Collection James Bond 007

Other opinions

Food allergies

Kennedy was a founding board member of the Food Allergy Initiative. His son has anaphylactic peanut allergies. Kennedy wrote the foreword to The Peanut Allergy Epidemic, in which he and the authors falsely link increasing food allergies in children to certain vaccines that were approved beginning in 1989.

Murder of Martha Moxley

In 2003, Kennedy published an article in The Atlantic Monthly about the 1975 murder of Martha Moxley in Greenwich, Connecticut, in which he insists that his cousin Michael Skakel's indictment "was triggered by an inflamed media, and that an innocent man is now in prison". Kennedy argues that evidence suggests that Kenneth Littleton, the Skakel family's live-in tutor, killed Moxley, and calls Dominick Dunne the "driving force" behind Skakel's prosecution. In 2016, Kennedy released the book Framed: Why Michael Skakel Spent over a Decade in Prison for a Murder He Didn't Commit. In 2017, the rights to the book were optioned by FX Productions to develop a multi-part television series.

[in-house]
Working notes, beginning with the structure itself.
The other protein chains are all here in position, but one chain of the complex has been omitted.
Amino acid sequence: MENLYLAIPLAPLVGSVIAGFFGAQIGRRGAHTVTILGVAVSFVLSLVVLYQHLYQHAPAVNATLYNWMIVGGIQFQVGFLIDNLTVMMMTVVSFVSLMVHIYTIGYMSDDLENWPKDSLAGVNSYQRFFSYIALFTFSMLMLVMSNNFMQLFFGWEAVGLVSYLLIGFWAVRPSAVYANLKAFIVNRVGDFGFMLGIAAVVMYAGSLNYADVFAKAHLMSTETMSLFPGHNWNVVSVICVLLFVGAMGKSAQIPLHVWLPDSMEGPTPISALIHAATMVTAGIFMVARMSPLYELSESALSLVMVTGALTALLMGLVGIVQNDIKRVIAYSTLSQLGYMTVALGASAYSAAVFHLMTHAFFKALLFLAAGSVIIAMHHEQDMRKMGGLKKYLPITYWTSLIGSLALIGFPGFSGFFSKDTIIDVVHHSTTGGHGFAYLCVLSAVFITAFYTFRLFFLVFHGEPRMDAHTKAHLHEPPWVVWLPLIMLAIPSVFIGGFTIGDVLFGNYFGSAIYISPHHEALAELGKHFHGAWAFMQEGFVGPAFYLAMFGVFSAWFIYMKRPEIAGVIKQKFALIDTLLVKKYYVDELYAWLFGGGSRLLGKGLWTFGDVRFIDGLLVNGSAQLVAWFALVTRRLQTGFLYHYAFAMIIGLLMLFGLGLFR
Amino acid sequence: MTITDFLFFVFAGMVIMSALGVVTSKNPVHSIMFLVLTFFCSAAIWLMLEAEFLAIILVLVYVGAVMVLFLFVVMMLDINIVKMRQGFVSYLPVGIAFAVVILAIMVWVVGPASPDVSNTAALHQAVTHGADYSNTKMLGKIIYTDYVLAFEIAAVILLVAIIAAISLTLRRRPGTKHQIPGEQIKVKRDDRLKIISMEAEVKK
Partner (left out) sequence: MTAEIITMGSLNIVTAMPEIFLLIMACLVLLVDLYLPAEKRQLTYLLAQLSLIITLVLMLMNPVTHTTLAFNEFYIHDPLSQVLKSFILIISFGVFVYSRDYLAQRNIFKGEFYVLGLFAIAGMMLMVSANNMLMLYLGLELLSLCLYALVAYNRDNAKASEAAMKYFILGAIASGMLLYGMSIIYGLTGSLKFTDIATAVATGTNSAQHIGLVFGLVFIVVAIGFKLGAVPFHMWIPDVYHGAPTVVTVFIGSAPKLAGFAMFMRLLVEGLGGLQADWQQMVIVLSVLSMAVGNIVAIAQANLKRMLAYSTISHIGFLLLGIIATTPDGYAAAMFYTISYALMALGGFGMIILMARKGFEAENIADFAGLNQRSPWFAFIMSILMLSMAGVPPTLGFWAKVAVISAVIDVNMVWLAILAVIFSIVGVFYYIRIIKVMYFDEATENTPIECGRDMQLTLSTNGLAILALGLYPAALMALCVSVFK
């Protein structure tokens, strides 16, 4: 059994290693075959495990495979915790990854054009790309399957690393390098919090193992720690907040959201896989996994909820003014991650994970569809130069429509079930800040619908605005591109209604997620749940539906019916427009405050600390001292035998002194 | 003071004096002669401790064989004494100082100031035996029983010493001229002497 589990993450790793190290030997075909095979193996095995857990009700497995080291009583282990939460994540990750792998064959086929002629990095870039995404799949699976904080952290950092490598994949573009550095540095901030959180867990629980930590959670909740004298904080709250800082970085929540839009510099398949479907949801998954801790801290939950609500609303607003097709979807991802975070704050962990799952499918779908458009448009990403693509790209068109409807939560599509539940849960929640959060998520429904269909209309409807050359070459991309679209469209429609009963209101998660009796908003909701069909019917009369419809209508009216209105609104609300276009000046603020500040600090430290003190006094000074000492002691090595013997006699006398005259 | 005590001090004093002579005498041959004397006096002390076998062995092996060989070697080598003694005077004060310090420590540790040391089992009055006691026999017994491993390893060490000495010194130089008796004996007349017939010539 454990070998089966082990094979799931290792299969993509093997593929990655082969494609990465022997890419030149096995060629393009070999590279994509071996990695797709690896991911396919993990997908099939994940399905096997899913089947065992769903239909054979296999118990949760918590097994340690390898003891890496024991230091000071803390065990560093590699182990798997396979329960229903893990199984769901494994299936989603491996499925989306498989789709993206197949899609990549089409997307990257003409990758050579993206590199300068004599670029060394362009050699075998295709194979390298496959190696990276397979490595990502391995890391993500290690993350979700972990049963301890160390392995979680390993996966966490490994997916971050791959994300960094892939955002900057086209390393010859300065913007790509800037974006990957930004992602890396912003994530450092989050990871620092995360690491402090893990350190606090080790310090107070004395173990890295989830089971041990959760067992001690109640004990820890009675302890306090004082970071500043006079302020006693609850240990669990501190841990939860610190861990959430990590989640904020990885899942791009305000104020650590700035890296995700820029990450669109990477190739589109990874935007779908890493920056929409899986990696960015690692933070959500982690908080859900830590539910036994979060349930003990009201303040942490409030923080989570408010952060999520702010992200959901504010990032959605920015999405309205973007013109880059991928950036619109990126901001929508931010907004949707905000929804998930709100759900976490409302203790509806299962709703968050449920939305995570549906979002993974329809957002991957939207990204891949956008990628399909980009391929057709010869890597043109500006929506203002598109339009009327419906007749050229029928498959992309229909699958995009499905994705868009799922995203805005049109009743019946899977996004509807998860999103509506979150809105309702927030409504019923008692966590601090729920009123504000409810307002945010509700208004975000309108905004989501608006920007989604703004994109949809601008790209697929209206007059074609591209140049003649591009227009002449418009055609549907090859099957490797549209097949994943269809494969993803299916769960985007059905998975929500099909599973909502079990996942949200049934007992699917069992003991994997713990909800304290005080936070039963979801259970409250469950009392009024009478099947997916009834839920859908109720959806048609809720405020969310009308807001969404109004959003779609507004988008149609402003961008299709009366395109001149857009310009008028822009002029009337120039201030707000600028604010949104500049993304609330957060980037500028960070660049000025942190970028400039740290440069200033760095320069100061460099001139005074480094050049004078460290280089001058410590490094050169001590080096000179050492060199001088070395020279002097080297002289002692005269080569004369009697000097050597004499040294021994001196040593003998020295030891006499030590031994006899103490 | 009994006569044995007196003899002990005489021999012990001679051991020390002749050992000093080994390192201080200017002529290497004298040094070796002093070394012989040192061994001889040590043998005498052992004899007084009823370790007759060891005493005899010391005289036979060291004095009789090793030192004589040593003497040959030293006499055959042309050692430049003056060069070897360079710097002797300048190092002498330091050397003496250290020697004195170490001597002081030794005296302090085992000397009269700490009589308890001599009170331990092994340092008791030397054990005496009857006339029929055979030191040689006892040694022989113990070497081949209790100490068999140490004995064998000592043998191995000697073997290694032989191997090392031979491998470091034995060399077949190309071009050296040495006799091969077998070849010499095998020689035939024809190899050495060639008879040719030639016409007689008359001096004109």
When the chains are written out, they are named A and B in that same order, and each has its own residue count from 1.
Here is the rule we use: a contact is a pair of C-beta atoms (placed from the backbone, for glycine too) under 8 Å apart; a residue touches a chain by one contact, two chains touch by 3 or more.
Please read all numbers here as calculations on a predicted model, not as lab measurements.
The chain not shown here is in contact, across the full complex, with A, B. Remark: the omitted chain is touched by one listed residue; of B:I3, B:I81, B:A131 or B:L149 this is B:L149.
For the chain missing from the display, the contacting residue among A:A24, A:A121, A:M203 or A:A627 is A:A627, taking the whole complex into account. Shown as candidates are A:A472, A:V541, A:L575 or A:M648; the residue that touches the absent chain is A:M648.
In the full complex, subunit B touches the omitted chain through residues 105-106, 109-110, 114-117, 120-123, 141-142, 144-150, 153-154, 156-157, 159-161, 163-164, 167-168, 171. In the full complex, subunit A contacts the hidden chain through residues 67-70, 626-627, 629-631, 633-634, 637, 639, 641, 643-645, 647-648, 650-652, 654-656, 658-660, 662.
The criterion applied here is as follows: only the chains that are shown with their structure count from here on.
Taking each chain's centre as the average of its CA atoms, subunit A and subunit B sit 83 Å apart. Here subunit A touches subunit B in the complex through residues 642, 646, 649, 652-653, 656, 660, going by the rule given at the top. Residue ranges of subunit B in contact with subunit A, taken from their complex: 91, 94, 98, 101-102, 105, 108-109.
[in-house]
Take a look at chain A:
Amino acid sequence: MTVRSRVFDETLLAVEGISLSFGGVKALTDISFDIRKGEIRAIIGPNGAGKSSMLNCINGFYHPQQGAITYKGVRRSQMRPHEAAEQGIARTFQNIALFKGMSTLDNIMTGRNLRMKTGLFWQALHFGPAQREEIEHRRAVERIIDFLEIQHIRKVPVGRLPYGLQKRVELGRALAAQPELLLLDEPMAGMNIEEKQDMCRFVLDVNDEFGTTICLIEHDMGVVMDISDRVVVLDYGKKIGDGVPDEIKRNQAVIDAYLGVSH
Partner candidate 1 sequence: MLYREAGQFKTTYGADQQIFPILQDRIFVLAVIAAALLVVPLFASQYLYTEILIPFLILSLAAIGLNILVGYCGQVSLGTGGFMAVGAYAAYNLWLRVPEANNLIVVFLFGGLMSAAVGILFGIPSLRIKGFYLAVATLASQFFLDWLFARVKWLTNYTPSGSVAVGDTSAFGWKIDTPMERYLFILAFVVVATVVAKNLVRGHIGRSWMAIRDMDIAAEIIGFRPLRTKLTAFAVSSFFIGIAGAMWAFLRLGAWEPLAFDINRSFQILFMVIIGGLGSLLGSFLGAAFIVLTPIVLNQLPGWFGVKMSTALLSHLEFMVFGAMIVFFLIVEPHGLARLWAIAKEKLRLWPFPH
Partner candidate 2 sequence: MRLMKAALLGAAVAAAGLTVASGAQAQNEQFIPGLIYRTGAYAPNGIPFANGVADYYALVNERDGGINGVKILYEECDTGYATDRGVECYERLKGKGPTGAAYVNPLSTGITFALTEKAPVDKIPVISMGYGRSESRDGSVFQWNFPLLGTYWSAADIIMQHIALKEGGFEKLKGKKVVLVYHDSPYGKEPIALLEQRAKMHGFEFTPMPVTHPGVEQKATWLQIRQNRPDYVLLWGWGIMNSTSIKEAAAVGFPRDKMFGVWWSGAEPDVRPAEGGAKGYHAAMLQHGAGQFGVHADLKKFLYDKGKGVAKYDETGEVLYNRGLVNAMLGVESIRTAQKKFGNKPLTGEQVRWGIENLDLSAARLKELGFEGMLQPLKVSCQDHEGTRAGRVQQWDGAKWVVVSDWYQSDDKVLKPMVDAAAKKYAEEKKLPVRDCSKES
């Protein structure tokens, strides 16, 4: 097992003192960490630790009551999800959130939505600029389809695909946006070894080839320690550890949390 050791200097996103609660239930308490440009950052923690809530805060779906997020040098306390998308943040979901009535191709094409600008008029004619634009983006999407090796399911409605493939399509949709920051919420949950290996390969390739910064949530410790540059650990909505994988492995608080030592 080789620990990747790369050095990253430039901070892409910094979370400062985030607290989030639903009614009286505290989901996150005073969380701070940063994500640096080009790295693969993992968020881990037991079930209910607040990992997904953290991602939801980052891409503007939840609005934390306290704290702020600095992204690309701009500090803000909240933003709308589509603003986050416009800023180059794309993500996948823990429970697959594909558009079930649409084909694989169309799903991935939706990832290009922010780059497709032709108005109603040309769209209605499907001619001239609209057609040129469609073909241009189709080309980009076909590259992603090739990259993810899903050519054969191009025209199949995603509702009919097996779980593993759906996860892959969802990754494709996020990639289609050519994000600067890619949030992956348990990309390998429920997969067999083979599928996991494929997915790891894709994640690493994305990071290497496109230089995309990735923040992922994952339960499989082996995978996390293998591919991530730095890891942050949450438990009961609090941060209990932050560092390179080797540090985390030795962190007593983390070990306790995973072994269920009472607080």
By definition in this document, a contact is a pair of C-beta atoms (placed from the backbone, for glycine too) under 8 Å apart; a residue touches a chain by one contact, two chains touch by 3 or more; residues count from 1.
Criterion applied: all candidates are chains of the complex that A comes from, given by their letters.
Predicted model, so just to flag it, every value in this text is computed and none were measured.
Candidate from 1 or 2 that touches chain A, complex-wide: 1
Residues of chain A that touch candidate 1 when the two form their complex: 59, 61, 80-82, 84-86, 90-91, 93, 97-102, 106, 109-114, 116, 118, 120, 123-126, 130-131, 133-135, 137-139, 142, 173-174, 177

In 2018, Skakel's conviction was vacated, and in 2020, prosecutors decided not to seek a new trial.

Assassinations of John F. Kennedy and Robert F. Kennedy